Already, several proposals to amend or eliminate the sequestration cuts have been offered.  These include:

  •  A bill offered by Congressman Ed Towns (D-NY) and six other House Democrats to exempt Medicare entirely from sequestration cuts.  Without the change, Medicare could face a 2% cut, with all cuts coming from payments to providers.
  • House Armed Services Committee Chairman Buck McKeon (R-CA) has said that he will offer legislation to prevent the automatic cuts in defense spending.  Republican Senators Jeff Sessions (AL), John McCain (AZ), and Lindsey Graham (SC) have also announced their intentions to reduce the impact of cuts on defense and shifting more of the burden toward other discretionary spending.
  • House Majority Leader Eric Cantor has been looking to reduce the effect of cuts in the first year as part of an agreement to extend payroll tax cuts and unemployment insurance.  Assistant Democratic Leader Jim Clyburn (D-SC) has expressed an openness to reconsidering the cuts as currently planned.

It is important to note that President Obama has repeatedly declared his intention to veto any change to the sequestration cuts that would reduce their overall impact on deficit reduction.  However, changes could well be enacted as part a compromise to achieve other portions of the President’s agenda as the 2012 elections loom.  How and when the cuts will be enacted – and which sectors will be hit the hardest – will likely be a major point of debate for both sides throughout 2012.

Supercommittee – The Fallout

  • Health Leaders Media asked health industry representatives for their opinions on the Supercommittee’s failure, and found opinions mixed.
  • National Journal anticipates the coming battle to undo or amend the sequestration cuts.  Republicans on the House Armed Services Committee have already released a video denouncing planned defense cuts.
  • Supercommittee member Rep. Jim Clyburn (D-SC) is suggesting that sequestration cuts are not “locked in,” but the White House continues to say that President Obama will veto any efforts to overturn the automatic cuts without matching deficit reduction.
  • Politico takes a look at who will be hardest hit by the sequestration process, and goes behind the scenes of the Supercommittee’s “meltdown.”

The Supercommittee – What People Are Saying

  • The Supercommittee’s November 23rd deadline is just over a week away, but there is little optimism that a deal can be reached in time.  Politico calls committee co-chairman Jeb Hensarling (R-TX) “dour” about the prospects for a deal, and the Washington Post goes so far as to say Hensarling has “embraced the prospect of failure.”
  • The Post also explores the three possible outcomes for the Supercommittee, and provides a helpful FAQ primer on a variety of Supercommittee issues.
  • PBS Newshour examines why the Supercommittee is “stuck in neutral.”
  • The Hill and National Journal each preview how Congress might handle a potential Supercommittee failure.
  • The New York Times has created an interactive page that allows readers to compare the various deficit reduction proposals.

“Super Committee” Members Chosen

The House and Senate leadership have chosen the members of the so-called “Super Committee.” The bipartisan, bicameral 12-member Joint Selection Committee on Deficit is tasked with finding an additional $1.2 trillion in debt savings over a ten year period.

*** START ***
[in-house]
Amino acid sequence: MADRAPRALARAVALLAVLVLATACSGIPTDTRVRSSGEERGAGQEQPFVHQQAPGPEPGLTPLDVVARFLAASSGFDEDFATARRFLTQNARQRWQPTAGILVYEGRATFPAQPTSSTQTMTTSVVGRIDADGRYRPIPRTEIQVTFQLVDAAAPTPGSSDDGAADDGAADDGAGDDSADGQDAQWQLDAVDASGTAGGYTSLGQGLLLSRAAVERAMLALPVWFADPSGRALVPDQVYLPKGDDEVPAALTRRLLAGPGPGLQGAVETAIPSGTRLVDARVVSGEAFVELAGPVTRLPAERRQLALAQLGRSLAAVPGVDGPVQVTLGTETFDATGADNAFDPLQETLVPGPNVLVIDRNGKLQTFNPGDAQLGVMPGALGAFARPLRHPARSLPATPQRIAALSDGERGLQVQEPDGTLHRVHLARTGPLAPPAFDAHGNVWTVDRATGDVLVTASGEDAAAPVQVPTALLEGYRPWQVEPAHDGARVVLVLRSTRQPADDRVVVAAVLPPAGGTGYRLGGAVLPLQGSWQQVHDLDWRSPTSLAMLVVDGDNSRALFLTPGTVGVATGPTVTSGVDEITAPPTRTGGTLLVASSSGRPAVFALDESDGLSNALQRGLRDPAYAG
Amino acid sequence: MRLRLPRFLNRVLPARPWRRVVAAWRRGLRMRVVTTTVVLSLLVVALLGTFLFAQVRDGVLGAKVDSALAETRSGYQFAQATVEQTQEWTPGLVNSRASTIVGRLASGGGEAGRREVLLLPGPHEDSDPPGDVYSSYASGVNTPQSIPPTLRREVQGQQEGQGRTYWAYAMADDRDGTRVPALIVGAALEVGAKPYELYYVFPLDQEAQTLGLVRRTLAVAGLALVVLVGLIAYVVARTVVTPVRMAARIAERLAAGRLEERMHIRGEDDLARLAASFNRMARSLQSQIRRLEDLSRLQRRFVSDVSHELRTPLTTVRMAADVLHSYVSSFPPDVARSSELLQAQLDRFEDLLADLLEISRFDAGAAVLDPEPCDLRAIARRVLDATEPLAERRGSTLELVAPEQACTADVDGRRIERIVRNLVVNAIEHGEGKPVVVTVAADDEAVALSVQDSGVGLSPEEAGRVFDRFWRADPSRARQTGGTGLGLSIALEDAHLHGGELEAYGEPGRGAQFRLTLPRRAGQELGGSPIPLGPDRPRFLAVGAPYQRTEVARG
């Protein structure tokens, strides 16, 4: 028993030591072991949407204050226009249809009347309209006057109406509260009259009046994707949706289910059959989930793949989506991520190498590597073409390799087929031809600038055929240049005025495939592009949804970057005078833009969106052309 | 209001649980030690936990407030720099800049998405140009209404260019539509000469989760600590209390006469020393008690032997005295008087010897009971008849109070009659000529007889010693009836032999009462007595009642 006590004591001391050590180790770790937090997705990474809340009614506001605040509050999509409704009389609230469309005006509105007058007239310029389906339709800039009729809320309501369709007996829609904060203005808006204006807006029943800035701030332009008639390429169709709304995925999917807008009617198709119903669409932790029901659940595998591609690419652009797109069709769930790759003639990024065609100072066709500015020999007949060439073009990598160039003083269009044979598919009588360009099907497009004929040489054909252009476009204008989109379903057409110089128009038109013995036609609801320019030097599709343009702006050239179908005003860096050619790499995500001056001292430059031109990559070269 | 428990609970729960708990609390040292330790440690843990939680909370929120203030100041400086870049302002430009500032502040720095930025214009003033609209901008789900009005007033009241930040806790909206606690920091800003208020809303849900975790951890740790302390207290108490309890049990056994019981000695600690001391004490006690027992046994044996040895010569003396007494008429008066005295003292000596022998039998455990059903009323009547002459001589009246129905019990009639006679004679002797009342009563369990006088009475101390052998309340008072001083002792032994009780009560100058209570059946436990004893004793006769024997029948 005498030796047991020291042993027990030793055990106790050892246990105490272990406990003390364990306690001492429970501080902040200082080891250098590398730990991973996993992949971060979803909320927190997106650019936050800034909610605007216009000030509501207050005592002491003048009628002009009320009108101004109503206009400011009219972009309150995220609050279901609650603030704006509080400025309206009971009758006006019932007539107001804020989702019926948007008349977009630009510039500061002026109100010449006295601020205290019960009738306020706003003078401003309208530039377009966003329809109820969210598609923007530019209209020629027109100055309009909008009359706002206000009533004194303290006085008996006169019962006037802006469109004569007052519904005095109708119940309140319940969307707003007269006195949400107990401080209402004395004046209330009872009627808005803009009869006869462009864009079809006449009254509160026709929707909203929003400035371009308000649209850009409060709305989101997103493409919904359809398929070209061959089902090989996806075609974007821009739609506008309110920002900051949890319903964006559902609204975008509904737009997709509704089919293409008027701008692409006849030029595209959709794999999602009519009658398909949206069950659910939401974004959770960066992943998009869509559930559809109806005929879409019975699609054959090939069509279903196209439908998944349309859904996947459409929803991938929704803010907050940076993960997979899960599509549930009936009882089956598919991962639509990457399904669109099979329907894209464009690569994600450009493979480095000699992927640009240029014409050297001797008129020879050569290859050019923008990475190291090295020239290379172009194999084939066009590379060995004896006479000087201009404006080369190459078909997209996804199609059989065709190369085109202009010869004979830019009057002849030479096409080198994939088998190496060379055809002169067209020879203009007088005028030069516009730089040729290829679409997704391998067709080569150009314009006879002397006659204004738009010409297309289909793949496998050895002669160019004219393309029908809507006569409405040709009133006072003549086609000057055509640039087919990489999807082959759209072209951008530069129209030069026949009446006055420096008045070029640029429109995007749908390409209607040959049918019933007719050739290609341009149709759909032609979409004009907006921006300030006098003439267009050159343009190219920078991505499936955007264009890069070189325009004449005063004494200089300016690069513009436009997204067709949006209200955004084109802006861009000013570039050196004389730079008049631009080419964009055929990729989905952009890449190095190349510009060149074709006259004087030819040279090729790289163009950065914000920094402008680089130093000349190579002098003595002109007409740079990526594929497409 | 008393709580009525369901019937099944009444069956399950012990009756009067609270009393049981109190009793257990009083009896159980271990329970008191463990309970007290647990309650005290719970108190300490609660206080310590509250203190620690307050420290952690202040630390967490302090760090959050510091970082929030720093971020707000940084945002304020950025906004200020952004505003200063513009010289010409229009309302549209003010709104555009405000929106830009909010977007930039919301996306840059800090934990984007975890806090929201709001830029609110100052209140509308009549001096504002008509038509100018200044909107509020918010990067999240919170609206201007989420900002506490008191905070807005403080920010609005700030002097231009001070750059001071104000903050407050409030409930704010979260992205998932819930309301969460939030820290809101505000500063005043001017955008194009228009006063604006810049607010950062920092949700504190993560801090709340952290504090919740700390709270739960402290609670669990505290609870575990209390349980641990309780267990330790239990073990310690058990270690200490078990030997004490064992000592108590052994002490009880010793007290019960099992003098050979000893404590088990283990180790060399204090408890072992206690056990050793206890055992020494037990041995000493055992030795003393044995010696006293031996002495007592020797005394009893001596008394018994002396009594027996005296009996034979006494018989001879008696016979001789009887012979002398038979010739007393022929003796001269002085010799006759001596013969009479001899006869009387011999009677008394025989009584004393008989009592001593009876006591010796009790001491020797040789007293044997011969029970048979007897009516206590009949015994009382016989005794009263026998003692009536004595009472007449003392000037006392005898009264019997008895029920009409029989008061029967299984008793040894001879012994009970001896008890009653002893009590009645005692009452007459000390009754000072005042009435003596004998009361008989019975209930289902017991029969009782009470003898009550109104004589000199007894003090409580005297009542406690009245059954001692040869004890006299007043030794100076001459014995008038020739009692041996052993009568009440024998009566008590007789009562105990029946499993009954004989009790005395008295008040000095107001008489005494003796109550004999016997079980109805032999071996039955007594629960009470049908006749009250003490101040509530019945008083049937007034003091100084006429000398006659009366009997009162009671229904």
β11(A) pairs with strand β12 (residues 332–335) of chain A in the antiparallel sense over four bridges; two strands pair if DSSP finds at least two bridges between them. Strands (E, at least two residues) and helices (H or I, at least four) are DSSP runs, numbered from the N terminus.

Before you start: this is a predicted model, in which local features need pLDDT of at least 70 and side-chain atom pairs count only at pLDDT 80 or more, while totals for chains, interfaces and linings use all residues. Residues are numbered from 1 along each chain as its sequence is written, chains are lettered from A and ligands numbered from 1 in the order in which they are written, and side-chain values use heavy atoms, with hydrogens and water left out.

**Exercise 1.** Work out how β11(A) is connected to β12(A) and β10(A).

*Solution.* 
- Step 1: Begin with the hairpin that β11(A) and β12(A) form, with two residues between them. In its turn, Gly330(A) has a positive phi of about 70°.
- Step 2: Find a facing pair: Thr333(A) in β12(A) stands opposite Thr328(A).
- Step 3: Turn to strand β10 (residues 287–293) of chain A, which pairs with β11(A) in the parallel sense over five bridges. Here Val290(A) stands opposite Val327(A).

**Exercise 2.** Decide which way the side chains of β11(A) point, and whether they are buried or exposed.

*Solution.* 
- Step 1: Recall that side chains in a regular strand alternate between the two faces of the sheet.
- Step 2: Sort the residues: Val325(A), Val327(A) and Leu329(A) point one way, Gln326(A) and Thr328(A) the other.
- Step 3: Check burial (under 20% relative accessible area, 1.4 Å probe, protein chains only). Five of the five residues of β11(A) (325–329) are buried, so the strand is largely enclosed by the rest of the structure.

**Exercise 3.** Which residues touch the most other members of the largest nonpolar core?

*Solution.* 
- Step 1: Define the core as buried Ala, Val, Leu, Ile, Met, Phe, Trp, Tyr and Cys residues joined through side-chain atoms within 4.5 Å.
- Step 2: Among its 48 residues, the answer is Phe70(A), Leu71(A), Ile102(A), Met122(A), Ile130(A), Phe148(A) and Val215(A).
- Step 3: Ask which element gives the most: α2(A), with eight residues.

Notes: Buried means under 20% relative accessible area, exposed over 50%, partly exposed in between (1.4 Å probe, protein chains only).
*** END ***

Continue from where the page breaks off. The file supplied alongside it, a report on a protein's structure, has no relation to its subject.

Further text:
Senate Majority Leader Harry Reid (D-NV) picked the only woman on the committee: Sen. Patty Murray (D-WA), along with Sens. Max Baucus (D-MT) and John Kerry (D-MA). His Republican colleague, Minority Leader Mitch McConnell (R-KY) chose Republican Sens. Jon Kyl (AZ), Pat Toomey (PA) and Rob Portman (OH). The latter two were only recently elected to the Senate in 2010.

Speaker of the House John Boehner (R-OH) chose Representatives more seasoned in the debt debate: Dave Camp (R-MI), Fred Upton (R-MI) and Jeb Hensarling (R-TX). House Minority Leader Nancy Pelosi (D-CA) also picked more senior members of her delegation: James Clyburn (D-SC), Chris Van Hollen (D-MD) and Xavier Becerra (D-CA).

The committee must release its report of proposed cuts by November 23rd; Congress is expected to vote on the cuts by December 23rd.

Congress, President Agree to Debt Ceiling Deal

On July 31st, Congress and the President agreed to a deal on spending cuts, allowing Congress to raise the nation’s legal limit on borrowing by the federal government – referred to as the “debt ceiling.” The deal would raise the ceiling through 2012 and guarantee a total of $3 trillion in spending cuts. The new law provides for almost $400 billion in immediate deficit reduction and establishes ten year caps on non-security spending (a savings of approximately $1 trillion). Additional cuts will be determined by a 12-member bicameral, bipartisan committee called the Joint Selection Committee on Deficit Reduction (“Super Committee”). If the Super Committee does not come to an agreement on the remaining $1.2 – $1.5 trillion cuts by November 2011, an across-the-board would be implemented to make up the difference. These cuts would be 50% defense spending and 50% non- defense spending.

The ten-year cap will affect every agency and program. To read the full text of the legislation, please click here.